Brush with Provence
Nellie Crawford, left, enjoys Provence.

Ihave two passions. The first is painting; the second, which prevents me from becoming too obsessed with the first, is learning French.

Yet despite years of conversation classes, I found the gulf between "bonjour, monsieur - un vin rouge, s'il vous plait" and anything resembling a normal conversation immense.

So, in the hope of bridging this gap, I signed up for four weeks of French with Language in Provence, a language school where adult learners of French at any level immerse themselves in French culture and speak French (or at least attempt to) in a realistic environment.

The school is based in the village of St Saturnin les Apt in the Luberon, that mountainous region of Provence which has inspired artists and writers for centuries.

Peter Mayle's celebrated novel A Year in Provence immortalised the Luberon, with its slow pace of life, rugged limestone hills, brilliant light and medieval villages, for a generation of English speakers, many of whom upped sticks and settled there. But they were nowhere to be seen when I arrived in the hillside village early in September. Wandering through the narrow streets, passing lively bars and cafes, I felt I'd made the right choice.

An evening walk to the obligatory ruined chateau rewarded me with breathtaking views of a Cezanne countryside of lavender, olive trees, and vineyards, all bathed in soft September light.

For an anglophone, the pronunciation of "I have a sore neck" is dangerously similar to "I have a sore bottom." This was one of the things I discovered in my pronunciation class but I was concerned that both would be appropriate after 26 hours a week in a classroom. I needn't have worried. My two young teachers had a wealth of knowledge about the region and the insights they shared helped to lighten the lessons.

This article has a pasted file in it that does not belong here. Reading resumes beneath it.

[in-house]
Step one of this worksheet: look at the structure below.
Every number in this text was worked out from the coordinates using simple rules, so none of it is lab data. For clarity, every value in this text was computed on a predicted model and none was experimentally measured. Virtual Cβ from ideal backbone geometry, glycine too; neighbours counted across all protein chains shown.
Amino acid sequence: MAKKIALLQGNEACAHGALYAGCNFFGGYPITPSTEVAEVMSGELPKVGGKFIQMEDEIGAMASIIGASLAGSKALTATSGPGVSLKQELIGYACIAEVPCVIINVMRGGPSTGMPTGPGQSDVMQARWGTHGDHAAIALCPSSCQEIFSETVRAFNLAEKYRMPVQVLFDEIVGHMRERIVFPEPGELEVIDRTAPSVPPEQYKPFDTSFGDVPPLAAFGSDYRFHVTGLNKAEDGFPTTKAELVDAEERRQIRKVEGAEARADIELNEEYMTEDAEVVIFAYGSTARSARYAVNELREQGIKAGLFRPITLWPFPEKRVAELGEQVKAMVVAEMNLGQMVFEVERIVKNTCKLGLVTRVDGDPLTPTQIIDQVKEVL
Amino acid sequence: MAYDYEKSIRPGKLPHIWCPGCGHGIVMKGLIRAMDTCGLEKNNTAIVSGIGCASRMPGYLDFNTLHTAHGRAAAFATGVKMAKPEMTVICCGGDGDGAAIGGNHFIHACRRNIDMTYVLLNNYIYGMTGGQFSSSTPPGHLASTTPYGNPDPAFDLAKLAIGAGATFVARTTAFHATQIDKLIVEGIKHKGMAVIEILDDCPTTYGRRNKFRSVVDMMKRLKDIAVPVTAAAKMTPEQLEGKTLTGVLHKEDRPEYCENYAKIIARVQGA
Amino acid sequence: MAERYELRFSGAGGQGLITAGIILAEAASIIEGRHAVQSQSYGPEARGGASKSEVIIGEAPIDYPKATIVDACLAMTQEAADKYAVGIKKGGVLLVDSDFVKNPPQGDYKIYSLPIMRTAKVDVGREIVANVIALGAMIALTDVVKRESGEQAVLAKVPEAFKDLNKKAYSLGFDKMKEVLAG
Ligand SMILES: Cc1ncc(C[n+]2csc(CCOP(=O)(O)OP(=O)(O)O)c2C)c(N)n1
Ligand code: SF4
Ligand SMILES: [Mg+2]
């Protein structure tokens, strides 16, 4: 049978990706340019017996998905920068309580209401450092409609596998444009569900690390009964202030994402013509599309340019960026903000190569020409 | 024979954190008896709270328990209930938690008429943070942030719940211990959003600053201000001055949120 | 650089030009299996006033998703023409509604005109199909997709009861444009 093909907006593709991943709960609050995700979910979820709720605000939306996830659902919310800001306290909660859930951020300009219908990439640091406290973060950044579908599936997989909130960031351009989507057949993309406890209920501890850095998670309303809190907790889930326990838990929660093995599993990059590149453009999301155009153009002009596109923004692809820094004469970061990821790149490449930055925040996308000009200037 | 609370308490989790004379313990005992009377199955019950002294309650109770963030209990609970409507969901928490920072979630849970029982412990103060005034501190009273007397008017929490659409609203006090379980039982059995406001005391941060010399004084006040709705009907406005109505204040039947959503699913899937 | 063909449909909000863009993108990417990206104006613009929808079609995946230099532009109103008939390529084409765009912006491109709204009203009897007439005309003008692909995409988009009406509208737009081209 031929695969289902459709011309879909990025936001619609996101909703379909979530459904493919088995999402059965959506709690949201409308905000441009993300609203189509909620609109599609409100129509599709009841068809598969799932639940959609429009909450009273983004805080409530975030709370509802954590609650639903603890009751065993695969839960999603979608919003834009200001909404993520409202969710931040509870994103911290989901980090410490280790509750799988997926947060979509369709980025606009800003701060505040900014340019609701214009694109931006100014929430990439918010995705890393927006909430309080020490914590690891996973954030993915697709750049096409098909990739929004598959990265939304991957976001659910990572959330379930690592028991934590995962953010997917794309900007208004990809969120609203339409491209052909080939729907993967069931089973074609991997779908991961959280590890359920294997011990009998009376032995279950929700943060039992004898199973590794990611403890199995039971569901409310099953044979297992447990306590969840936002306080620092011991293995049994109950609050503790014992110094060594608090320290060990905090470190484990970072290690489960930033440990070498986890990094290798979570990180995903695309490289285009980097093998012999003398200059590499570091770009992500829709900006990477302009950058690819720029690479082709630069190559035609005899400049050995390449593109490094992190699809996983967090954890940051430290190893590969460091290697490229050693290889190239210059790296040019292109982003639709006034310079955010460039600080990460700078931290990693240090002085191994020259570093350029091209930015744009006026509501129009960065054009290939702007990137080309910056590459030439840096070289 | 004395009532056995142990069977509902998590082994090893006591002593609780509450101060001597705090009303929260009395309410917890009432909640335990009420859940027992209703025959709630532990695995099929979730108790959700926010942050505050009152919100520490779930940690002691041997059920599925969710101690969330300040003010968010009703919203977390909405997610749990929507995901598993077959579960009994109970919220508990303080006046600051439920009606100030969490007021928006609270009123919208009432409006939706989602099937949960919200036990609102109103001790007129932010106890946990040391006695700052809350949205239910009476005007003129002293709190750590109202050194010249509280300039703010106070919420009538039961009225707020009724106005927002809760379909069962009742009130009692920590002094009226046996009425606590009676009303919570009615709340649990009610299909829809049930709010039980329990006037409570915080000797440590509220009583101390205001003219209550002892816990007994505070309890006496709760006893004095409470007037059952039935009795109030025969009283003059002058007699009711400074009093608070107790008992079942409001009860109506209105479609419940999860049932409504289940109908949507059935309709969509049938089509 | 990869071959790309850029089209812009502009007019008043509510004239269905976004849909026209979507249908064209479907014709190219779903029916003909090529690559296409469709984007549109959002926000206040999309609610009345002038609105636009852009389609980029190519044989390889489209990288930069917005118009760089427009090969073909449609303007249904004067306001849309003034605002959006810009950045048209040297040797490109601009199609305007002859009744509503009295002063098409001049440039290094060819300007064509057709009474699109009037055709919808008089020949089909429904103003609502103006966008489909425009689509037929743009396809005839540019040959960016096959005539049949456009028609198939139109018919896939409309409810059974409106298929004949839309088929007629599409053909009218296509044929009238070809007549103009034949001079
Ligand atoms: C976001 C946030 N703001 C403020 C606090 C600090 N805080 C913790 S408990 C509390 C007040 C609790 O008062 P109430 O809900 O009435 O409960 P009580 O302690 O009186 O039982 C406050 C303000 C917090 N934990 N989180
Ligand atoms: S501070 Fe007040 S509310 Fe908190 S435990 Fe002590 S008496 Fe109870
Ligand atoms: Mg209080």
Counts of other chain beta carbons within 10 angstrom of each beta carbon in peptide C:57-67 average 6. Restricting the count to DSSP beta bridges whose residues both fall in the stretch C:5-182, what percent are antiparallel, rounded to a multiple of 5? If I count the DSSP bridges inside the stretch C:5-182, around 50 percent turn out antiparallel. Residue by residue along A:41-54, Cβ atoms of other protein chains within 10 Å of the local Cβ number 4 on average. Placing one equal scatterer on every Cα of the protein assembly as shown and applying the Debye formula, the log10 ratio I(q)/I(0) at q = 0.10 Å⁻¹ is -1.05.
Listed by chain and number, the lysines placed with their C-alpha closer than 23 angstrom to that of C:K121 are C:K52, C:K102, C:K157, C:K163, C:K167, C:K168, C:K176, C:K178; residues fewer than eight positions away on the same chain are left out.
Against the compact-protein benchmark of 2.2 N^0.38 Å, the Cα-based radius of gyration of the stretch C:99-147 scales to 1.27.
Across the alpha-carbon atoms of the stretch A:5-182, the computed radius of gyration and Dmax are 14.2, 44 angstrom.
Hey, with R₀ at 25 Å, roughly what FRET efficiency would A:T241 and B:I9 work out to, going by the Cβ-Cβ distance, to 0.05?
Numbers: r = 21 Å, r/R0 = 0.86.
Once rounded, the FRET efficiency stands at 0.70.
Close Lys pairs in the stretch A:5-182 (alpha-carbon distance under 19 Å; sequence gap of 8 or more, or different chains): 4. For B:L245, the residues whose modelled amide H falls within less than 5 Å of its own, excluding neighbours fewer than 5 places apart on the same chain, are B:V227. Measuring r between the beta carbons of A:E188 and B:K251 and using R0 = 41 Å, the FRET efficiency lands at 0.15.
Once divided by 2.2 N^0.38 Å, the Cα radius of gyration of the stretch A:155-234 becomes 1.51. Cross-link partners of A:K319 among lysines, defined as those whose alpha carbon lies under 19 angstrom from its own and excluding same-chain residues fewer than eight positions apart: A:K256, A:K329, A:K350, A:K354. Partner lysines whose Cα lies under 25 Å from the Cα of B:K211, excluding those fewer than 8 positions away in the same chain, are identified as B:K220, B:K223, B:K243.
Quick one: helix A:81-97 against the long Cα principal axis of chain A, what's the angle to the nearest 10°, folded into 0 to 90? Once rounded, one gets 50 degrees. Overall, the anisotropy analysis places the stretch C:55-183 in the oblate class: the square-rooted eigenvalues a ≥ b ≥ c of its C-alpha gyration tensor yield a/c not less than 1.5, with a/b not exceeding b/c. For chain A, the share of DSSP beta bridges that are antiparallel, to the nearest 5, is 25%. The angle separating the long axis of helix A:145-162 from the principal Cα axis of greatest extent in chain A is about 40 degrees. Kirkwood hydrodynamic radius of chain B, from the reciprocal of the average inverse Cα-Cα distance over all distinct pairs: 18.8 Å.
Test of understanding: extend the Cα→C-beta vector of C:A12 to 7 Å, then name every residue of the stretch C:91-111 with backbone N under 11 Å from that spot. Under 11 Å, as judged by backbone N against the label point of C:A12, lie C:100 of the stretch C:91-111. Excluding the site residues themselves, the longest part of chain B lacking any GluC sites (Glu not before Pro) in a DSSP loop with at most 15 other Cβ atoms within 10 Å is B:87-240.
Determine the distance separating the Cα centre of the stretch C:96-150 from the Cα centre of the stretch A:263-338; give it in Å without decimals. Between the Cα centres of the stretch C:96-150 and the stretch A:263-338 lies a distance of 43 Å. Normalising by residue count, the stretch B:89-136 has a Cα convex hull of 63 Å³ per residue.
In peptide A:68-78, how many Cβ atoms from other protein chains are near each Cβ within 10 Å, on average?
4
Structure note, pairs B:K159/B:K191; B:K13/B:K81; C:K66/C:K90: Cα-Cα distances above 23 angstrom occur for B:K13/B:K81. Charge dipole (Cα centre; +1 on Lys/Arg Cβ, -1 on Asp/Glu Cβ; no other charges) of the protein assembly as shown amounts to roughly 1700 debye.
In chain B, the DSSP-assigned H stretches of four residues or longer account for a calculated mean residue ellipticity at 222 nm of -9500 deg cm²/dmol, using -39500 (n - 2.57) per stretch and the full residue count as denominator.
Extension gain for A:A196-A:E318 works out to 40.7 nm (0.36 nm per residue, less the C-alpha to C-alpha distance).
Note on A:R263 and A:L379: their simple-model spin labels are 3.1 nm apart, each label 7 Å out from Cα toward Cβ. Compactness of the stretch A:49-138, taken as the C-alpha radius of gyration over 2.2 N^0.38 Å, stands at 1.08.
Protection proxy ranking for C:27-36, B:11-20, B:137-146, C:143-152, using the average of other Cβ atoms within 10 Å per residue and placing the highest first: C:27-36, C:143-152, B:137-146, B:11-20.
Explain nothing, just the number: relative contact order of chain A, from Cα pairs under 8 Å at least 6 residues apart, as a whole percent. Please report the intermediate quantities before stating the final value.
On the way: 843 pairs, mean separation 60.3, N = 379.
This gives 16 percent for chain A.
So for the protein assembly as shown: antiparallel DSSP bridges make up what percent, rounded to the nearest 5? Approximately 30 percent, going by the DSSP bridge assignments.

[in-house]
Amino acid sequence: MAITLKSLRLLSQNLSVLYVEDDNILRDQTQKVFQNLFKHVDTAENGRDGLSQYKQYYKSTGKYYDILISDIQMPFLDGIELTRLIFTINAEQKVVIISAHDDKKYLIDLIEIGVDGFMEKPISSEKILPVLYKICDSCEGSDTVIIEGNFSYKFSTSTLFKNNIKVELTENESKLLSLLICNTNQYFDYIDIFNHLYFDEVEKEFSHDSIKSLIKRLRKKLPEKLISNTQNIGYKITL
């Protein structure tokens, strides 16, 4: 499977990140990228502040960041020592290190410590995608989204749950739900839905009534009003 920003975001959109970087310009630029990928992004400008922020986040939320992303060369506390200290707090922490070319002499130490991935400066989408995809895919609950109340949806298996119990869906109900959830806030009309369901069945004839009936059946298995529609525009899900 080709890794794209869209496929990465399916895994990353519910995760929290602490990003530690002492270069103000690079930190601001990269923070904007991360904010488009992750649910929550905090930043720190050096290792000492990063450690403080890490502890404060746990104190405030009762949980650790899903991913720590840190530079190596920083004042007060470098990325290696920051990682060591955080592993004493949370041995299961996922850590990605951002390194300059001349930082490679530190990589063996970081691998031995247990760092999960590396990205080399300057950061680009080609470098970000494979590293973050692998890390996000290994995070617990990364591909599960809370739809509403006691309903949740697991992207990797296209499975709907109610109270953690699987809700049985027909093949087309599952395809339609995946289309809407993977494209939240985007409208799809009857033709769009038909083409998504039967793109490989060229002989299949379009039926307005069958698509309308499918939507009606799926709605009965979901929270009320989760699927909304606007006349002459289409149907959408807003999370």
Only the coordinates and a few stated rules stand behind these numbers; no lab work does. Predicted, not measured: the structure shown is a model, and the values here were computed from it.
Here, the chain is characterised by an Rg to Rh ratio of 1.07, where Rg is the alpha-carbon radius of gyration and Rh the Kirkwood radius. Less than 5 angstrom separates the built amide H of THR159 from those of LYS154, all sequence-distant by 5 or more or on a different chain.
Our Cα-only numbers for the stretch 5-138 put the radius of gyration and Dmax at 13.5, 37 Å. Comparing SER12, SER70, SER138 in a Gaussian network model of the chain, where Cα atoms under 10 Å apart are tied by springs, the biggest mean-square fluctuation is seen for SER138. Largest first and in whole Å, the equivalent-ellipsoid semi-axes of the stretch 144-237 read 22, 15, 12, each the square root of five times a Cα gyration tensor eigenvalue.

Students are grouped according to levels and my "class" was never more than three students.

My fellow students came from North America and Europe and the school also has corporate clients.

The school is a large house at the foot of the village overlooking a valley. The long, relaxed lunches on the terrace were the highlight of the day, especially for those suffering brain fatigue, and were just the right environment to put into practice the morning's lessons.

However, complete immersion is hard work and I soon learned not to sample the excellent rosé on offer if I wanted to speak intelligible French. A fellow student, a beginner, told me that for the first couple of days she thought her head would explode and, even for more confident speakers, immersion is not without its hazards. I'll never forget the horrified look I received when I asked a neighbour when he was going to eat his pet tortoise.

The school offers a range of accommodation options and I stayed with a French host, Monsieur Jullien, who reserves the top floors of his magnificent 18th century house for students. Each of the three comfortable bedrooms has its own bathroom and the large shared salon with kitchen and breathtaking views over the valley doubled as a makeshift studio for me when there were no other students.

M. Jullien is an excellent cook. Every few days baskets of fresh produce would appear - figs, melons, grapes, apricots, carrots, tomatoes, fresh herbs, olive oil from his brother's mill, lavender honey from his sister's farm and each arrival would be transformed into another Provencal dish.

Helpings were generous and polite ways of declining more food were useful, but I learnt that "no more thanks, I'm full" translates into French as "I'm plastered" or "I'm pregnant".

Language in Provence was founded a decade ago by Susan Bento, an Englishwoman and French resident with a language training background.

"I believe there's a wider cultural aspect to language learning," Ms Bento explained. "I think our immersion program offers the opportunity to see language working and to experiment in a relaxed environment. We try to make learning French a pleasure and achieve what a classroom can, without the anxiety."

Depending on the season, the school combines French with wine tours of the Cotes du Rhone, and excursions to lavender fields or nearby villages. These excursions are intimate affairs, accompanied by French speakers. Being in a car with three locals who all know the best way to the next vineyard is a language experience in itself.

With plans for a language and cooking course and extra classrooms in the pipeline, Ms Bento is set to take advantage of what she believes is increased interest in learning French.

I'm feeling tempted again.

The West Australian

Popular videos

Compare & Save

Our Picks

Follow Us

More from The West